It’s time to go viral, and we aren’t talking about YouTube hits
Ever want to take over the world? Actually, that’s a pretty poorly phrased question, because as a human, you’d undoubtedly be going with it. Ever want to destroy the world? In Pandemic 2.5, you fight the invisible war of contagions—attempting to enhance your DNA until the scientists won’t know what hit them.
Based on Dark Realm Studio’s original flash game sequel (hence the 2.5 version), Pandemic 2.5 is all about going Darwin on the world by evolving your virus as quickly as possible. You begin in a randomly selected region in the world, and attempt to work your way across borders of transportation until you’ve infected the entire planet.
After naming your unique doom-bringing pandemic (I went with the self-absorbed Wittenkelleritis), it’s your decision to enter the world as a bacteria, virus, or parasite. There are a variety of bonuses and hindrances to each, letting you explore the world of contamination a few different routes from the get-go.
The only reason humanity hasn’t fallen to a global pandemic yet is because contagions are not clever. You, as the mastermind behind it all, are. As your virus spreads, you accumulate EvoPoints, which allow you to grow in several different ways. You can change your resistance to different climates, infect the earth’s animal supply to spread your cause, and increase the amount of deadly symptoms your disease will bring when it is delivered.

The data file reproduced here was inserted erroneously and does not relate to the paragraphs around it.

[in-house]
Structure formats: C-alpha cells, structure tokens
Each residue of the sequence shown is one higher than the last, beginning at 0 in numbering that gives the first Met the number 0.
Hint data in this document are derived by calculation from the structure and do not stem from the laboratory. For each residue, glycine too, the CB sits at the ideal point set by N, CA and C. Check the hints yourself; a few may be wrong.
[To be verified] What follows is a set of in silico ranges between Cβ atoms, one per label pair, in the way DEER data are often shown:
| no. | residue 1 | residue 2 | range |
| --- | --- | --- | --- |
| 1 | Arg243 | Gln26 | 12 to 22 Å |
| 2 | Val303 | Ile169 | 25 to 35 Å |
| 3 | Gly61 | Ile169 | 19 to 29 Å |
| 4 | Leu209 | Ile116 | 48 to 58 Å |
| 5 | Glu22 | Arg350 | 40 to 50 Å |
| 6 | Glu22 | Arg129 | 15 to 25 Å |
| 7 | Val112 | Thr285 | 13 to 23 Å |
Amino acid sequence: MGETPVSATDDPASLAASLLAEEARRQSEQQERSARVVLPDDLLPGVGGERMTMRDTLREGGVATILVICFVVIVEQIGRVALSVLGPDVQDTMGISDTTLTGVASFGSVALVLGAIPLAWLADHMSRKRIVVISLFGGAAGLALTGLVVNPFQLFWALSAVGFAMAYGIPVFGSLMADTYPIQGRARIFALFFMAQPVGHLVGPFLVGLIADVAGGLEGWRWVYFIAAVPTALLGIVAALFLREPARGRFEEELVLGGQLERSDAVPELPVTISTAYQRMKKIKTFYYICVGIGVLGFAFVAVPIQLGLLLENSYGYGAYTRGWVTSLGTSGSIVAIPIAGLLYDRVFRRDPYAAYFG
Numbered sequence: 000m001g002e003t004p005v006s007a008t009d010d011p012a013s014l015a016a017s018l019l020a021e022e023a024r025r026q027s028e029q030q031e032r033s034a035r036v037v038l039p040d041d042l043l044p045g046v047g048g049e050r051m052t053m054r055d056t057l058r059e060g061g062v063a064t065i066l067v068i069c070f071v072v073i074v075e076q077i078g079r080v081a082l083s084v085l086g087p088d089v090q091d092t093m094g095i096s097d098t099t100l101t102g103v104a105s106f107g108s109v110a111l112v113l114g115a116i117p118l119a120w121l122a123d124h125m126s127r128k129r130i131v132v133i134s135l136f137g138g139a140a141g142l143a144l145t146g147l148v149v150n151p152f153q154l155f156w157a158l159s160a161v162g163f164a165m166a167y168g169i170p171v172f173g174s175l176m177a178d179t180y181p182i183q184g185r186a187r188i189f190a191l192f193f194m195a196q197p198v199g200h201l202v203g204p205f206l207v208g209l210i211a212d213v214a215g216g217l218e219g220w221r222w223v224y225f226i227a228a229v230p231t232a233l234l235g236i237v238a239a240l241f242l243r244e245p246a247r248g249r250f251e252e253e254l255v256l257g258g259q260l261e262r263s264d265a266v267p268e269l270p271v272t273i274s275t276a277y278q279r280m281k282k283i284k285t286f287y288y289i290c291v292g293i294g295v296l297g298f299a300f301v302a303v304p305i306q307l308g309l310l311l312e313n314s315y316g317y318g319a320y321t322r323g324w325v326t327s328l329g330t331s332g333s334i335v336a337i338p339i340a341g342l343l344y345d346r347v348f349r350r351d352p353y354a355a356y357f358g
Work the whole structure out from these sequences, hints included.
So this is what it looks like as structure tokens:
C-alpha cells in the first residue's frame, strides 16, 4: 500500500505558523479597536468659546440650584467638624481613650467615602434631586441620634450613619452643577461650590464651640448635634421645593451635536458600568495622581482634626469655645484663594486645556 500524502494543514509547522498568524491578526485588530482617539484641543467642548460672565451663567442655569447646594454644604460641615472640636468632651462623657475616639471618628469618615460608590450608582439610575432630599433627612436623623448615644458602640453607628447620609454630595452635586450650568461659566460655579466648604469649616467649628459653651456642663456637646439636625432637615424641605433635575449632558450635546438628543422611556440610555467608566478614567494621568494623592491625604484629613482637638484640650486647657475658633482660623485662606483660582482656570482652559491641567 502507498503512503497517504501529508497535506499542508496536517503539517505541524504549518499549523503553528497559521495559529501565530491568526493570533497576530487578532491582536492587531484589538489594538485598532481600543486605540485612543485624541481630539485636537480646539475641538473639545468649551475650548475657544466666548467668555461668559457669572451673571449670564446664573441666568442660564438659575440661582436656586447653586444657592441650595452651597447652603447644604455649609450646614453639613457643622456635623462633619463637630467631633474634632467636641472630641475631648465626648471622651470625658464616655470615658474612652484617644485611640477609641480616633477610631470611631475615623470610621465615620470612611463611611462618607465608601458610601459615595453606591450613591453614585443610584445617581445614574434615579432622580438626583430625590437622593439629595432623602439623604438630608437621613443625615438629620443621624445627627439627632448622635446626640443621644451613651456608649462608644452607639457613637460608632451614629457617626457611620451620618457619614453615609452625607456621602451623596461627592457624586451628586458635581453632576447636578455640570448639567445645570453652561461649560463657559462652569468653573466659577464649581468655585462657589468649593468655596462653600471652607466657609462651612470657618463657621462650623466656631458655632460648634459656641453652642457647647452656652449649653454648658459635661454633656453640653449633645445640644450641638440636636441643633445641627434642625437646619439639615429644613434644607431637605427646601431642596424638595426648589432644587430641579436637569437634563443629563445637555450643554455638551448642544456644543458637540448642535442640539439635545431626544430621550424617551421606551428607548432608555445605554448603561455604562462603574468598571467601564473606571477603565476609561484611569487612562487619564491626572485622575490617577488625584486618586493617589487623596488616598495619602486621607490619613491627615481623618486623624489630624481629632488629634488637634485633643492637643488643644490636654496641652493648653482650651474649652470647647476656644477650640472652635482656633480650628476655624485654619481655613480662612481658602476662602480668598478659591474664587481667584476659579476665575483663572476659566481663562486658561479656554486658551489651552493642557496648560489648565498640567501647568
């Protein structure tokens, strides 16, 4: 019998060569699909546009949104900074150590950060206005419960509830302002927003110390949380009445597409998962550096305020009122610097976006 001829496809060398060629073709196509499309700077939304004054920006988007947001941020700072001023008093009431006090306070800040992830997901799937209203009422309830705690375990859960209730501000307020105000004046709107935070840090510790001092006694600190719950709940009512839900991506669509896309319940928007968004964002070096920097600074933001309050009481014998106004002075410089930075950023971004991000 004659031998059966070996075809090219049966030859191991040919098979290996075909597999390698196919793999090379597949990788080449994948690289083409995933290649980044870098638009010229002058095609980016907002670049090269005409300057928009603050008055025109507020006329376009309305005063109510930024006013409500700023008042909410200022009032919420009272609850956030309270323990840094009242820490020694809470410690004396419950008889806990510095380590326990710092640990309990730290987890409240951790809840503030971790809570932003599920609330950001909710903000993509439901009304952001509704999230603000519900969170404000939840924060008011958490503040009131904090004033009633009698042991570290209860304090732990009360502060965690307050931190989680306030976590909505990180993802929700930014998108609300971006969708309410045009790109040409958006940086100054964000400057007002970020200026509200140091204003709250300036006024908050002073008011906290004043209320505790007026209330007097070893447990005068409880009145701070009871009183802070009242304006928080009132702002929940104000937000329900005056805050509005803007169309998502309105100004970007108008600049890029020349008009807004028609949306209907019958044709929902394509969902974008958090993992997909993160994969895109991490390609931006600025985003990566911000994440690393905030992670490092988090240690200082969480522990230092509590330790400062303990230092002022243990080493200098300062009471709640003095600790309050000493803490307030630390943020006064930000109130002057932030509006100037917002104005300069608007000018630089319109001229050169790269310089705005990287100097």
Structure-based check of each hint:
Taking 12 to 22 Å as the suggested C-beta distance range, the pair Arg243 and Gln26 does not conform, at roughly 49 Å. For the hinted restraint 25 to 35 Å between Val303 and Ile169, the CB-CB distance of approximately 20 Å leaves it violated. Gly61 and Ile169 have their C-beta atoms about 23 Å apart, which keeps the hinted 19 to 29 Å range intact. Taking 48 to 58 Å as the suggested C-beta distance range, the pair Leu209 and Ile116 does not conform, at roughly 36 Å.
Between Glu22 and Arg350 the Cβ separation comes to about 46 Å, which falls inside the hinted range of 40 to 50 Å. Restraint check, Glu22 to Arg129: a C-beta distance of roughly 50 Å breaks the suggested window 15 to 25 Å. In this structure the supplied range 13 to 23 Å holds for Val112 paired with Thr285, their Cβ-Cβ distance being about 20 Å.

But humanity is clever too, and will catch on to your disease if you make things too visible right away. They’ll spread the news to other countries, attempt to develop a vaccine, and shut down their ports (especially Madagascar). There are only a limited amount of EvoPoints to accumulate in a run, and finding a way to wisely spend them over the course of your development is key.
All in all, Pandemic 2.5 is a pretty simple game. Your only actions are deciding how you want your gene to progress up the upgrade tree, and the game handles the rest for you automatically. Because of this, it can get a little repetitive after a few playthroughs. Yet despite the simplicity, there’s one big problem that will likely leave new players frustrated before they can even get bored.
The problem, and the biggest reason I could see potential purchasers on the App Store feeling really sour after purchase, is that Pandemic 2.5 does very little to teach you the game itself. There’s an instruction sheet that explains each of the factors of the game, which is nice, but it’s not exactly a blast trying to learn the game through your own trial and error.
This is the equivalent of giving someone a booklet on driving a car and expecting the to know how to safely operate a vehicle after reading it. I remember this being a problem when I played the original Pandemic 2 in a browser—the only way I could figure the game out was by watching a video tutorial made by a fan.
In a similar vein, Dark Realm Studios is currently offering a text guide on their forum to help players until they release version 1.1, where they aim to include a fully interactive tutorial. It’s great to hear how quickly they’ve recognized that players could use this feature, but until the feature actually exists, it’s a pretty big hurdle for new players.
In the meantime, if you’re feeling a little frugal with your 99 cents, run over to 2008’s Pandemic 2 on any browser and see how you like it. Pandemic 2.5 is very much the same game with a fresh coat of paint, a few more abilities, and the chance to be played portably. It’s still fun, but it’s hard to recommend as a must-buy because of its large similarity to the original.
Regardless, if you’ve found yourself infected the concept of taking over the entire world in a matter of days, then Pandemic 2.5 is the best way to pursue global destruction on the fly.